The competition on the racecourse was exceptionally high this weekend and it was noticeable how many young, new generation sailors are making their mark. In third place overall, after a tough battle was Scorpion representatives, Tom Jeffcoate and Mark Hogan who finished second in the final race which lifted them to third place overall.
Mention must also be made of the youth fleets including RS Feva representatives Owen Bowerman and Charlie Darling who, despite their extremely light, all-up weight, sailed impressively in every race and finished the event in a creditable 22nd overall.
Special thanks to the Endeavour Trophy sponsors which include the following: Topper, Allen Brothers, Calltracks, Hyde Sails, Selden, English Braids, Petticrows, Musto, Noble Marine.
Overall Results (after 8 races, and 1 discard)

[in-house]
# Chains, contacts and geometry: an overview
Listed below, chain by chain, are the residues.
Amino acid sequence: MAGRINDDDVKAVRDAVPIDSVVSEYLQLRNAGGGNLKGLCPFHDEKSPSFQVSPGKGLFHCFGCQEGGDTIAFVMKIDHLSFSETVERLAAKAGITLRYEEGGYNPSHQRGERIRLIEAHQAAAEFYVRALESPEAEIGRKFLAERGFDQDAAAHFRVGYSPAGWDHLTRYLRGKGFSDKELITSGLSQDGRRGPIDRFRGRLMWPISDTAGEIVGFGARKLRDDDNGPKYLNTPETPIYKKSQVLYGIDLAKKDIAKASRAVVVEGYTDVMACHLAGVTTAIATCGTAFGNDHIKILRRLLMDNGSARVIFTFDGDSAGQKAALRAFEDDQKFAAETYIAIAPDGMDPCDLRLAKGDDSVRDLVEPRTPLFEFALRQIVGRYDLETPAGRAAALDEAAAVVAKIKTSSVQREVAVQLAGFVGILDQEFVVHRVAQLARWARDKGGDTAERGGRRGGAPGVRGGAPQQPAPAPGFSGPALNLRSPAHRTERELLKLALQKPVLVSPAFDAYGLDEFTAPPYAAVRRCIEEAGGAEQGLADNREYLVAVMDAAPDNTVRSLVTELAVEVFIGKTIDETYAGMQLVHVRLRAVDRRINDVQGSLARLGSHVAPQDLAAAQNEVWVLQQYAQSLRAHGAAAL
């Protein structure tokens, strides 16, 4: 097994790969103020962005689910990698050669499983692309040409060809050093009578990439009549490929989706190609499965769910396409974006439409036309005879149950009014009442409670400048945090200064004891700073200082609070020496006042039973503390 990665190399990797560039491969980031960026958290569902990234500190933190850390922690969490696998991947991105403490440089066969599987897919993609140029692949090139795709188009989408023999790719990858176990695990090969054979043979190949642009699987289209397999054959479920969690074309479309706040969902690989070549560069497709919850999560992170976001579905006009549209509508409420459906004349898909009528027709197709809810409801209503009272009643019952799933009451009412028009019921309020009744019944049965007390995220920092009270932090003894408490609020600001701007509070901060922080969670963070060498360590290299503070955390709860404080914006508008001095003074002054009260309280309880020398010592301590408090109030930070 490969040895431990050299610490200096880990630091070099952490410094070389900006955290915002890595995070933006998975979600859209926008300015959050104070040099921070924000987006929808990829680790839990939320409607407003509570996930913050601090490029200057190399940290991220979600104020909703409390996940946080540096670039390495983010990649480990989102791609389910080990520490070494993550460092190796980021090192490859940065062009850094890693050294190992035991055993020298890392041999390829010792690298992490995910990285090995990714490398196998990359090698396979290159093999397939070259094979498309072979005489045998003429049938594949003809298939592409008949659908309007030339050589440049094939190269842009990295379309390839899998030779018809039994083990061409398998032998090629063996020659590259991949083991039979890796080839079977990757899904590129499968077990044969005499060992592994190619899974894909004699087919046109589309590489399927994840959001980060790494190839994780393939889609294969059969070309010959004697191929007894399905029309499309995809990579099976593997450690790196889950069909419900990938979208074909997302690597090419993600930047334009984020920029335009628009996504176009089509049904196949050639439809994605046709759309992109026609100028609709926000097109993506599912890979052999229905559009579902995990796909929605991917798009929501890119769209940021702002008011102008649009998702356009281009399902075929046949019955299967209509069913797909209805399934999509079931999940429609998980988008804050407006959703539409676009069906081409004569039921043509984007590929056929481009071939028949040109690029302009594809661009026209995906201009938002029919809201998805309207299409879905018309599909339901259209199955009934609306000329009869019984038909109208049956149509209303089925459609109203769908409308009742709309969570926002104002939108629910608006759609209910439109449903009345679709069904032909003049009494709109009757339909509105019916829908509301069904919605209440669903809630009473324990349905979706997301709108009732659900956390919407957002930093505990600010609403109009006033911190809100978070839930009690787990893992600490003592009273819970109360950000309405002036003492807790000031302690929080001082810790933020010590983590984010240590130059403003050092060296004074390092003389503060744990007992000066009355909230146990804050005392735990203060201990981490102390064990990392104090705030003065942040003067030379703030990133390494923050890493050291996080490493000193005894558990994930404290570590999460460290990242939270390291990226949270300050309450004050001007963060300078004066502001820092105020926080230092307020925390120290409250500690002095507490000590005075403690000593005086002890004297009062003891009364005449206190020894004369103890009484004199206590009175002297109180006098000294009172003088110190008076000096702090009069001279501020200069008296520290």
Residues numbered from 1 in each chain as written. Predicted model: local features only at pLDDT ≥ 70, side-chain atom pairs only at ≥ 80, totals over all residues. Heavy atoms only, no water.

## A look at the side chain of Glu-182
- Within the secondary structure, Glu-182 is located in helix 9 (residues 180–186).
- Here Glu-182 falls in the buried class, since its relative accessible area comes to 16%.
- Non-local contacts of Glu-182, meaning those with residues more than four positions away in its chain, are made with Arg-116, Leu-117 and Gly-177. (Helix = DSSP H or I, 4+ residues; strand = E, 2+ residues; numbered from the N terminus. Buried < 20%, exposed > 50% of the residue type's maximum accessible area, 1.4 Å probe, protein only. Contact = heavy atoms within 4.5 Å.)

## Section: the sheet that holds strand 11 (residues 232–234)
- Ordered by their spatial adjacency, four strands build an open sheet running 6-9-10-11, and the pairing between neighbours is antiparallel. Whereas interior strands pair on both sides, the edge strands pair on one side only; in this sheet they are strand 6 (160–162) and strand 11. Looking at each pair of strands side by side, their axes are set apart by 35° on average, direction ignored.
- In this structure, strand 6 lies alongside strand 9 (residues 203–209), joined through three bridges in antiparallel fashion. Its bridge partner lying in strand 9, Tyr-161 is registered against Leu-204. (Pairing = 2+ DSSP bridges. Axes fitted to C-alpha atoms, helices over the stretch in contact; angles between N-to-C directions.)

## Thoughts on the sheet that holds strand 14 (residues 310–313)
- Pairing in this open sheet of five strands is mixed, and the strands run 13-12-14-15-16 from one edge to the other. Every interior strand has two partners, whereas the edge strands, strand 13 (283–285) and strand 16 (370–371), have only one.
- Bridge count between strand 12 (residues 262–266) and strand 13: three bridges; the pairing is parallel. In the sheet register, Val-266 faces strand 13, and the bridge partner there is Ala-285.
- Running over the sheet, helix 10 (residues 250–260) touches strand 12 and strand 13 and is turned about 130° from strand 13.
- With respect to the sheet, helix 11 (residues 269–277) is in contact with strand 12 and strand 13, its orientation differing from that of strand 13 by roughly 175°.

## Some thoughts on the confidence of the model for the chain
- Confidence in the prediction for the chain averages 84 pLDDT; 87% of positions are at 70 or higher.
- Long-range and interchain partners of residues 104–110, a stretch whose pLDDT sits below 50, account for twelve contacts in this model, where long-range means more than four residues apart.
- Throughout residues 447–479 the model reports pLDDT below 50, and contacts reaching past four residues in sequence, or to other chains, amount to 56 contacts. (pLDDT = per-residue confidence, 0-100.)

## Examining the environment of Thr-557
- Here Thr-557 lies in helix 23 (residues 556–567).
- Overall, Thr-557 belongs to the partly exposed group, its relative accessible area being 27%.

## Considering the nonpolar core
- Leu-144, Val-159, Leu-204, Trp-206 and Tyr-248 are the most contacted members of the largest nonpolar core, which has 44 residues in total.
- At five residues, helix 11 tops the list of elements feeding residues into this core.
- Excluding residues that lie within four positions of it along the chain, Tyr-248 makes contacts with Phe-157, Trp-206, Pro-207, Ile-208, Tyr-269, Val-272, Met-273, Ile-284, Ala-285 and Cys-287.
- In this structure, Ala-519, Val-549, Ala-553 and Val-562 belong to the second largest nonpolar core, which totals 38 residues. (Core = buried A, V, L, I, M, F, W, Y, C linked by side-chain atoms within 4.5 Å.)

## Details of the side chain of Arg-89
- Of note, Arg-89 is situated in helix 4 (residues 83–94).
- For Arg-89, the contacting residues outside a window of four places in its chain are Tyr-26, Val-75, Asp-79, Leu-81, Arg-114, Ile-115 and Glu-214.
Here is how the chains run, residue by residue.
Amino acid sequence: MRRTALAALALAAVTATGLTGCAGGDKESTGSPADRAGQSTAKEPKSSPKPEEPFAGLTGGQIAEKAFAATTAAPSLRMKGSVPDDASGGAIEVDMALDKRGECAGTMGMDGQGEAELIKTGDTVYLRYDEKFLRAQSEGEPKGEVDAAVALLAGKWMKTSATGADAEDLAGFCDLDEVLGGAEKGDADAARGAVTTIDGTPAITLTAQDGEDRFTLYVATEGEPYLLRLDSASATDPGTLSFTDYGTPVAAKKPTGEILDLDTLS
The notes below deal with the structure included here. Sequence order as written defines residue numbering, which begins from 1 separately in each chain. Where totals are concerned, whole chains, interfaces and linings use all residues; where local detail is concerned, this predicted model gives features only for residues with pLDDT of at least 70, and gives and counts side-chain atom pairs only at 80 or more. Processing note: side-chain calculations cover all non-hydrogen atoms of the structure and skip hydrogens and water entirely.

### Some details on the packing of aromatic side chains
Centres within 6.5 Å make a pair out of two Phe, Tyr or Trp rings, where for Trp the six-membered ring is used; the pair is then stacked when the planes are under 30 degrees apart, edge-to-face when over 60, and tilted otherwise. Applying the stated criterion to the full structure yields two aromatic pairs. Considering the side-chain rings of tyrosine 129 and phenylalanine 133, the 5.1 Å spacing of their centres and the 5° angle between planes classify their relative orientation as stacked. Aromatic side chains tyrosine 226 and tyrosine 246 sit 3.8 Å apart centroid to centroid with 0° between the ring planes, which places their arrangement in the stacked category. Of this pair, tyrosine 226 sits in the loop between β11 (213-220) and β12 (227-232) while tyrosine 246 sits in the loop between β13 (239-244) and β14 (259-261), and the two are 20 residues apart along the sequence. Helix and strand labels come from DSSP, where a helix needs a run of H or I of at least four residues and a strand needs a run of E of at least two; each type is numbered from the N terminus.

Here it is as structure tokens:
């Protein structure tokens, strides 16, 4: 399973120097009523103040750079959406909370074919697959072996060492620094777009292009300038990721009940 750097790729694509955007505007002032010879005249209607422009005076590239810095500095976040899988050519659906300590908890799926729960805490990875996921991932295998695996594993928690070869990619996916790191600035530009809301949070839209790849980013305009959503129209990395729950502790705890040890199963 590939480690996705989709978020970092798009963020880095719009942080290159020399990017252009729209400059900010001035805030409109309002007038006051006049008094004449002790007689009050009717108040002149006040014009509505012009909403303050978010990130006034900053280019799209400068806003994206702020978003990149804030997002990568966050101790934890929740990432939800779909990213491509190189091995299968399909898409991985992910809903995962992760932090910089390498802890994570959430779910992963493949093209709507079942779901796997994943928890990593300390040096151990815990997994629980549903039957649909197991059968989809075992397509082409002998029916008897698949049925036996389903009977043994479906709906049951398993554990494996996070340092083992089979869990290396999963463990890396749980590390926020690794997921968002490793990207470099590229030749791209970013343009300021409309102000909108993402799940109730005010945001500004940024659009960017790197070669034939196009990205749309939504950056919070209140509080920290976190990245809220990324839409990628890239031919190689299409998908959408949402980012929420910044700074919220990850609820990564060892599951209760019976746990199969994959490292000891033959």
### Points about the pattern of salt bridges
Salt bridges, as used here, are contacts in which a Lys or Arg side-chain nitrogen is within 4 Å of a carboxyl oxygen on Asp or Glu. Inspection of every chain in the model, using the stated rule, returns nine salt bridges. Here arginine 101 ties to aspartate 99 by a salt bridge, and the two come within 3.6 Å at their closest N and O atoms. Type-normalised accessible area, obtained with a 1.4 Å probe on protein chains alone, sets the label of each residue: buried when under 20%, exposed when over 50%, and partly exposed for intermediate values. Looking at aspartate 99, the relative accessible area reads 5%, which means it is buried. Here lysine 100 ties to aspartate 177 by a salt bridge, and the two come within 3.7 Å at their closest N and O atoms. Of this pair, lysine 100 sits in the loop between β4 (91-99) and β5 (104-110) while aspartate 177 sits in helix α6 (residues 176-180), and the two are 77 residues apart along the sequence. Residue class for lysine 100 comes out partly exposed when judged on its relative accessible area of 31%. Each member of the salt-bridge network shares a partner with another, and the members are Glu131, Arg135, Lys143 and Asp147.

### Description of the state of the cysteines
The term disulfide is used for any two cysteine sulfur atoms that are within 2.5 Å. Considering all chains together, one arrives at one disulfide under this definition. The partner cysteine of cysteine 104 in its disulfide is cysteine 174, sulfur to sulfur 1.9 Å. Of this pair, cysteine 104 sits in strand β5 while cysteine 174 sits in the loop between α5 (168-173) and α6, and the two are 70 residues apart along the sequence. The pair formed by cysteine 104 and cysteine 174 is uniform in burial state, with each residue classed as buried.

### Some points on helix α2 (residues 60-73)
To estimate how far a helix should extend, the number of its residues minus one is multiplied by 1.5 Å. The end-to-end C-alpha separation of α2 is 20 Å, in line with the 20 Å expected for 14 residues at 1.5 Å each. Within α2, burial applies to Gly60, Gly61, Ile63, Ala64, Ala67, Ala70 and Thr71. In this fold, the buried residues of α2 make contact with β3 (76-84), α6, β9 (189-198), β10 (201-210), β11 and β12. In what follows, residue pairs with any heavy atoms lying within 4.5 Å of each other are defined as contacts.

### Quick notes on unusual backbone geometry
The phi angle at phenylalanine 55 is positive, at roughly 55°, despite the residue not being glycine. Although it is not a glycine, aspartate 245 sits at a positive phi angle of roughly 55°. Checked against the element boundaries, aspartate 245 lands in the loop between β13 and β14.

1st OK – Nick Craig and Toby Lewis 15pts
2nd RS200 – James Peters and Alan Roberts 18pts
3rd Scorpion – Tom Jeffcoate and Mark Hogan 31pts
4th Osprey – Matt Burge and Richard Wagstaff 35pts
5th GP14 Stuart Bithell and Matt Johnson 40pts
6th Enterprise – Christian Birrell and Sam Brearey 40pts
Brief history of the Endeavour Trophy
The Endeavour Trophy is a solid silver scale model of the 'J' Class yacht Endeavour presented annually to the Champion of Champions at the Royal Corinthian Yacht Club, Burnham-on-Crouch.
The origin of the trophy stems from Tommy Sopwith's 'J' Class yacht Endeavour, America's Cup Challenge in 1934. Following a pay dispute and dismissal of his East coast-based professional crew, Sopwith enlisted the help of 'Tiny' Mitchell, the Commodore of the Royal Corinthian Yacht Club at the time, to recruit amateur members of the club to form a crew.
Although Endeavour won the first two races against Rainbow and lost the series, this was the closest England ever came to winning the coveted America's Cup.